Wal-Mart: Always Deep Pockets, Always
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In January 2005, readers across the country all saw the same thing in their morning paper: an ad for Wal-Mart. That in itself is no surprise -- Wal-Mart is, after all, the largest corporation in the world -- but this particular ad, which ran in more than a hundred papers, was different: it consisted of a rebuttal of arguments lodged by the retail behemoth's critics.
Subject to condemnation for business practices ranging from low pay and stingy healthcare benefits to exporting jobs and destroying small businesses, Wal-Mart is also the subject of litigation, including a class action discrimination suit representing 1.6 million current and former female workers who accuse the company of systematic underpayment and lack of promotion.
The ad blitz was something of a two-fer for Wal-Mart, since many outlets thought it interesting enough to report as actual news, including USA Today, which ran two stories on it.
It was just part of a PR offensive that included big-money charitable donations (dutifully reported) and an April invitation to reporters to its Bentonville, Ark. headquarters for a "media day." The session was described as a "feisty response to critics" and a chance for Wal-Mart to "defend" itself and "dispel myths." Journalists were reportedly enjoined "to clear their minds of previous articles about the company and 'start with a clean slate'."
But the media image of a beleaguered corporation at last responding to a "horde of critics" raises at least one question: Just how tough has media scrutiny of Wal-Mart really been? "You've heard the firestorm of criticism about the company, about wages, benefits, union-busting, about locking employees in, about making them work overtime without paying them for it," ABC's Charlie Gibson said in introducing a Good Morning America interview with CEO Lee Scott. But how much have most people really heard about these issues?
There has without question been some hard-hitting investigative reporting on Wal-Mart's controversial business practices, including a 2003 Los Angeles Times series that nabbed a Pulitzer Prize, and a probing report on PBS's Frontline.
More typical, however, are accounts like Time's "Wal-Mart Nation." Focusing on Wal-Mart's Chinese enterprises, the article has an undeniably cheerleading theme: Wal-Mart is staging a "revolution" in China, in part by "spreading a management style that many of its young Chinese employees find liberating."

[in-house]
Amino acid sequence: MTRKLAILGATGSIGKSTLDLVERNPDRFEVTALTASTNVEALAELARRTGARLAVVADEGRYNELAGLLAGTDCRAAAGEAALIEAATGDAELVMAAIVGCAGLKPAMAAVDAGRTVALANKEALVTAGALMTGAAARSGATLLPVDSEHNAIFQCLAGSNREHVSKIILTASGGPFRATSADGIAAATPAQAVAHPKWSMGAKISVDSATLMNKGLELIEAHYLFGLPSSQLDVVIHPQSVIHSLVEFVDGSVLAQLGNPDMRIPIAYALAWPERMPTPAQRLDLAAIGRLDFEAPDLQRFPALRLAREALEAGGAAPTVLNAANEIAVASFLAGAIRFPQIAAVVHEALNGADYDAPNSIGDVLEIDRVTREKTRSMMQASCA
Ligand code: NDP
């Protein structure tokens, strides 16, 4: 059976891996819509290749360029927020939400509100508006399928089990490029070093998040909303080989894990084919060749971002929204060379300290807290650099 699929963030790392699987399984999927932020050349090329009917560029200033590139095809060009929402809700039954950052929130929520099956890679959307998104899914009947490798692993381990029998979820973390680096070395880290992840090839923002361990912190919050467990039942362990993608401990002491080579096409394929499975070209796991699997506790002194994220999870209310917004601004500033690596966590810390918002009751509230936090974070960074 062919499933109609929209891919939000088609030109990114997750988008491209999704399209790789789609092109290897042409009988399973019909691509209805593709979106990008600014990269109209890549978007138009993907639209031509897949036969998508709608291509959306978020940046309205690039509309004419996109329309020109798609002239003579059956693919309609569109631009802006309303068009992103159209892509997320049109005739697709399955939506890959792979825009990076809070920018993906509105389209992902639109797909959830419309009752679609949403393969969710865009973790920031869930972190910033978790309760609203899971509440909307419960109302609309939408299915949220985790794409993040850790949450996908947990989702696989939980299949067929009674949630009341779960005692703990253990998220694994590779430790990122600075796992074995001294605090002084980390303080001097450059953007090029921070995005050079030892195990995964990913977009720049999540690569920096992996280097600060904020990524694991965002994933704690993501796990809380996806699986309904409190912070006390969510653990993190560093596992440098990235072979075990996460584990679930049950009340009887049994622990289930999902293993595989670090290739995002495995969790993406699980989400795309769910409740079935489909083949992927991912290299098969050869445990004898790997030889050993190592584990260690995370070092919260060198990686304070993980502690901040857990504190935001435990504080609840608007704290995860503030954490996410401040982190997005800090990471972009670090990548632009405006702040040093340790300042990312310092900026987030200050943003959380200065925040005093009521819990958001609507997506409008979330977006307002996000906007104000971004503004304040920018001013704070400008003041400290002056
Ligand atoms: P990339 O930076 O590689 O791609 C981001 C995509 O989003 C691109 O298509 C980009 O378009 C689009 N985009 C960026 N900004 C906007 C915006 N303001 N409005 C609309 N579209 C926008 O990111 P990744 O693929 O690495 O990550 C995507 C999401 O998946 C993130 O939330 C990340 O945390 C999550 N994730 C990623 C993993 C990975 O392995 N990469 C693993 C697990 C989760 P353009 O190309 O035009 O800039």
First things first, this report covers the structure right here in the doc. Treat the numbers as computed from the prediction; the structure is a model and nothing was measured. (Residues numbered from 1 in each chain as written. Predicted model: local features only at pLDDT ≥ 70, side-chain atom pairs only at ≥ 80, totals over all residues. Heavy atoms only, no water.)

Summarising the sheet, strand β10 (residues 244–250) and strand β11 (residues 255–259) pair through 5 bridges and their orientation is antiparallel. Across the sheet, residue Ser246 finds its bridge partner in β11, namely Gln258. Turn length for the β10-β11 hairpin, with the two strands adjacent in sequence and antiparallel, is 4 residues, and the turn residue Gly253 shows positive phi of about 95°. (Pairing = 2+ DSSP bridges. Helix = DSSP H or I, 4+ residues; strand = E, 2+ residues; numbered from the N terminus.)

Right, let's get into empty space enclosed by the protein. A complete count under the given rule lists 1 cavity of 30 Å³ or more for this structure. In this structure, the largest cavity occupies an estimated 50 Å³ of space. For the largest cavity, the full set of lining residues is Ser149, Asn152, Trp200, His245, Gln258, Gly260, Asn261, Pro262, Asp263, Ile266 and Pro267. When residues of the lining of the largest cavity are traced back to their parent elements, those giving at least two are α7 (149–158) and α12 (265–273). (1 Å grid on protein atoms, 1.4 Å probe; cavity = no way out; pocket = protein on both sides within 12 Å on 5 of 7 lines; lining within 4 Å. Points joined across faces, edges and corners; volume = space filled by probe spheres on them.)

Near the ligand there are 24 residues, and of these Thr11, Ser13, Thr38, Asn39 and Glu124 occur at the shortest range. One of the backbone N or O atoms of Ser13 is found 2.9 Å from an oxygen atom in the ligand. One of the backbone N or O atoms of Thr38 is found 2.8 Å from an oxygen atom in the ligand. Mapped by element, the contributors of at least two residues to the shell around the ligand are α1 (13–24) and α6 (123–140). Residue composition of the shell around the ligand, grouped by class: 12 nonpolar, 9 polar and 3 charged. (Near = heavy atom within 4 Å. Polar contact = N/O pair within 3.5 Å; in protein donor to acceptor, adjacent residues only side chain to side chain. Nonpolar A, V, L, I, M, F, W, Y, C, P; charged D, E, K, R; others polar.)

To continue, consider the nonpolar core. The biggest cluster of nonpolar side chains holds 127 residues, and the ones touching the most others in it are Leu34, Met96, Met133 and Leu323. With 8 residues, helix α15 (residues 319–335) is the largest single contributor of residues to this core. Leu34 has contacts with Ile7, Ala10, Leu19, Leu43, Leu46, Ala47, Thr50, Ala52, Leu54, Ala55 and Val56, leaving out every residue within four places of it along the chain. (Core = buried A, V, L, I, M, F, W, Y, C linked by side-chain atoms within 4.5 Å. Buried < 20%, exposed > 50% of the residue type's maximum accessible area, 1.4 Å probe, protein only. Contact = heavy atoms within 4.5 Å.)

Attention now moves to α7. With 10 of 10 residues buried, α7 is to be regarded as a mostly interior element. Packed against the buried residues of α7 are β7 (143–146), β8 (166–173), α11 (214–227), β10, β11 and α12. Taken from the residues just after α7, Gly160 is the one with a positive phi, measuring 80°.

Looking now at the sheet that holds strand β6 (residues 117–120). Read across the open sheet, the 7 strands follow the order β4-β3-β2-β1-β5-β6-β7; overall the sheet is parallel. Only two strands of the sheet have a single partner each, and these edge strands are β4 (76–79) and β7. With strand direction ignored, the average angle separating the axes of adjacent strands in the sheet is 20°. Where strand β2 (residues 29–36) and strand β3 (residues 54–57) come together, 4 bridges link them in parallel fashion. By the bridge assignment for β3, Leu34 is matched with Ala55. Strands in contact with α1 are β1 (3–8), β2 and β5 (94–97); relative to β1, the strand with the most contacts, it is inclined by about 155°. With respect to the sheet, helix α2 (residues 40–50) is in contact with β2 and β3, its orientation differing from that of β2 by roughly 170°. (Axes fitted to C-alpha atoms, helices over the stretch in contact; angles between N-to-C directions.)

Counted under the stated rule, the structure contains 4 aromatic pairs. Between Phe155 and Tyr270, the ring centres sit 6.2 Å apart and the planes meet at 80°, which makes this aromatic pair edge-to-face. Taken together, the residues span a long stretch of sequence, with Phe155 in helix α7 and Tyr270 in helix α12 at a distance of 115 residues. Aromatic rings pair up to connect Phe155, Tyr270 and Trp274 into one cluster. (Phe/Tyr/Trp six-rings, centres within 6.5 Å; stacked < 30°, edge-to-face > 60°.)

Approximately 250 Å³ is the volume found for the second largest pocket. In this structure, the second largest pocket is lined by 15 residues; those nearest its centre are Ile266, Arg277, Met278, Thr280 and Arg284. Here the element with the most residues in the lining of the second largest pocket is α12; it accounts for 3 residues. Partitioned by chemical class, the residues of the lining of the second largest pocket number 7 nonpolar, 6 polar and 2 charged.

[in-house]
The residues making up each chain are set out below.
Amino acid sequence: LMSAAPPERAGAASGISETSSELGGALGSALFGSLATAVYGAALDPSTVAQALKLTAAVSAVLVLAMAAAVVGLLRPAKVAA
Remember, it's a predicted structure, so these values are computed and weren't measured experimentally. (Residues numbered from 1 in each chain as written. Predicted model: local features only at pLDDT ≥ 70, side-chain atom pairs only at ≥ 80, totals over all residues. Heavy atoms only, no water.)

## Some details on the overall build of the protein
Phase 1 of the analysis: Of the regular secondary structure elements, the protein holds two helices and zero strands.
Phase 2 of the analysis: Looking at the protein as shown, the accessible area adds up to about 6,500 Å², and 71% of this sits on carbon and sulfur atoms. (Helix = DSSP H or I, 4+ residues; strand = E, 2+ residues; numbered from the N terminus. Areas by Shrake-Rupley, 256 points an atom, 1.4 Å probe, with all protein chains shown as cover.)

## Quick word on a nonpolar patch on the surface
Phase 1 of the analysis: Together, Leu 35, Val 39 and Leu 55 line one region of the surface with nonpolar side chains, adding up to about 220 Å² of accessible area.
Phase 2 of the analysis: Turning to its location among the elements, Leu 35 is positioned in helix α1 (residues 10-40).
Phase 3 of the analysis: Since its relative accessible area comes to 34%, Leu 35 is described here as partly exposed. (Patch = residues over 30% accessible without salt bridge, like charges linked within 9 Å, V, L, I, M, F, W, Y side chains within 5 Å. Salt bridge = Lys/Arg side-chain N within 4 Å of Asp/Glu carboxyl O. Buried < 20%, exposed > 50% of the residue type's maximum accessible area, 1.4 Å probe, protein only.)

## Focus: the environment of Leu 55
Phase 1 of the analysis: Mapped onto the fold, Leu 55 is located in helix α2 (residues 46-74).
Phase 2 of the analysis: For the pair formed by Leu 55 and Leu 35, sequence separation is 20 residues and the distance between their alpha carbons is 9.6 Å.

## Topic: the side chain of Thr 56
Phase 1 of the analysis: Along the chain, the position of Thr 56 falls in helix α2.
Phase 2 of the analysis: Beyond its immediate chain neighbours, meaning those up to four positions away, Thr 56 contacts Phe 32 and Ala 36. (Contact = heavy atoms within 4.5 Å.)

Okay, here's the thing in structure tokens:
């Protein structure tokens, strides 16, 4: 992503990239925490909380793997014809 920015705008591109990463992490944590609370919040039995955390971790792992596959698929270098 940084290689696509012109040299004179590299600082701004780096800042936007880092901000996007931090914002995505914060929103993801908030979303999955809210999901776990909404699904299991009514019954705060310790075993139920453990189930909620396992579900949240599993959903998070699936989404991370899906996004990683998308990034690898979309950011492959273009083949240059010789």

Time introduced "quintessential Wal-Mart guy" Joe Hatfield ("I was blessed to work for Sam Walton") and followed his tour through a Shenzhen Wal-Mart, where, he enthused, "We're bringing people a great shopping experience!" "Chinese customers," Time added helpfully, "seem to agree."
As in many articles, what criticisms were included Time allowed Wal-Mart to trump. What about complaints that the industry giant's use of cheap overseas labor undercuts U.S. workers? Time left unchallenged Hatfield's response that "if you stop stuff from [abroad] coming into the U.S., it would mean $180 blue jeans. Is that what Americans want?" Time didn't point out that it's easy to find U.S.-made jeans for less than $30.
But the magazine did step in when a spokesperson from Sweatshop Watch noted that Wal-Mart's policies make it "both a beneficiary and a driver of the race to the bottom in the global economy." The article followed the statement with its own rebuttal: "But that may be less true than it was 20 years ago." Many of Wal-Mart's suppliers are operating in countries like Taiwan and Hong Kong, Time explained, and had long ago left U.S. workers. So Wal-Mart "may indeed be eliminating factory jobs, but in South Korea, not South Carolina." It's unclear how this undermined the point that Wal-Mart drives the economic race to the bottom; it seems more an argument that it's been largely successful.
For those worried about sweatshop conditions, Time offered comfort: "Wal-Mart says it's trying to export its American-style standards and ethics to China's manufacturing sector too." Time presents the company matter-of-factly as "forcing suppliers to stick to ethical standards" (despite Chinese resistance), and claimed that "even those critical of Wal-Mart concede" that those standards are improving conditions.
In fact, the critic quoted underscored that such rules only work when enforced, a point on which the company, facing lawsuits on behalf of contractors' employees from Nicaragua to Swaziland, is frequently criticized, and which more skeptical reporting has illustrated. A hidden-camera investigation by NBC's Dateline, for example, found that corporate "codes of conduct" were not necessarily meaningful guides to life inside a factory in Bangladesh.
Press accounts have frankly celebrated Wal-Mart's reputed toughness on suppliers in the U.S. as well. A May 8, 2005 New York Times piece presents a company executive demonstrating how she might call a supplier on the carpet: "'Hello.... Where are the bananas? We're supposed to have 3 percent in this trail mix.'" "Quality control," reported the Times, "is rigorous."
Such admiration-tinged anecdotes would sit strangely side by side with, for example, the company's official contention that executives "knew nothing about" the hundreds of illegal immigrants being used to clean stores in 21 states, and that in any event it was contractors, not Wal-Mart, that were responsible for the janitors' treatment. The same presumably went for the child laborers Wal-Mart settled lawsuits about in Connecticut, New Hampshire and Arkansas.
In the last year or two, Wal-Mart has become a more prominent advertiser on news programs, occasionally to the dismay of news consumers. Some NPR listeners, for example, weren't pleased with Wal-Mart's new role as a frequently mentioned "underwriter" of NPR programming. Ombudsman Jeffrey Dvorkin dismissed the complaints in an online column: "NPR is a mature and robust news organization. It would take more than a few Wal-Mart underwriting messages to corrupt its journalistic integrity."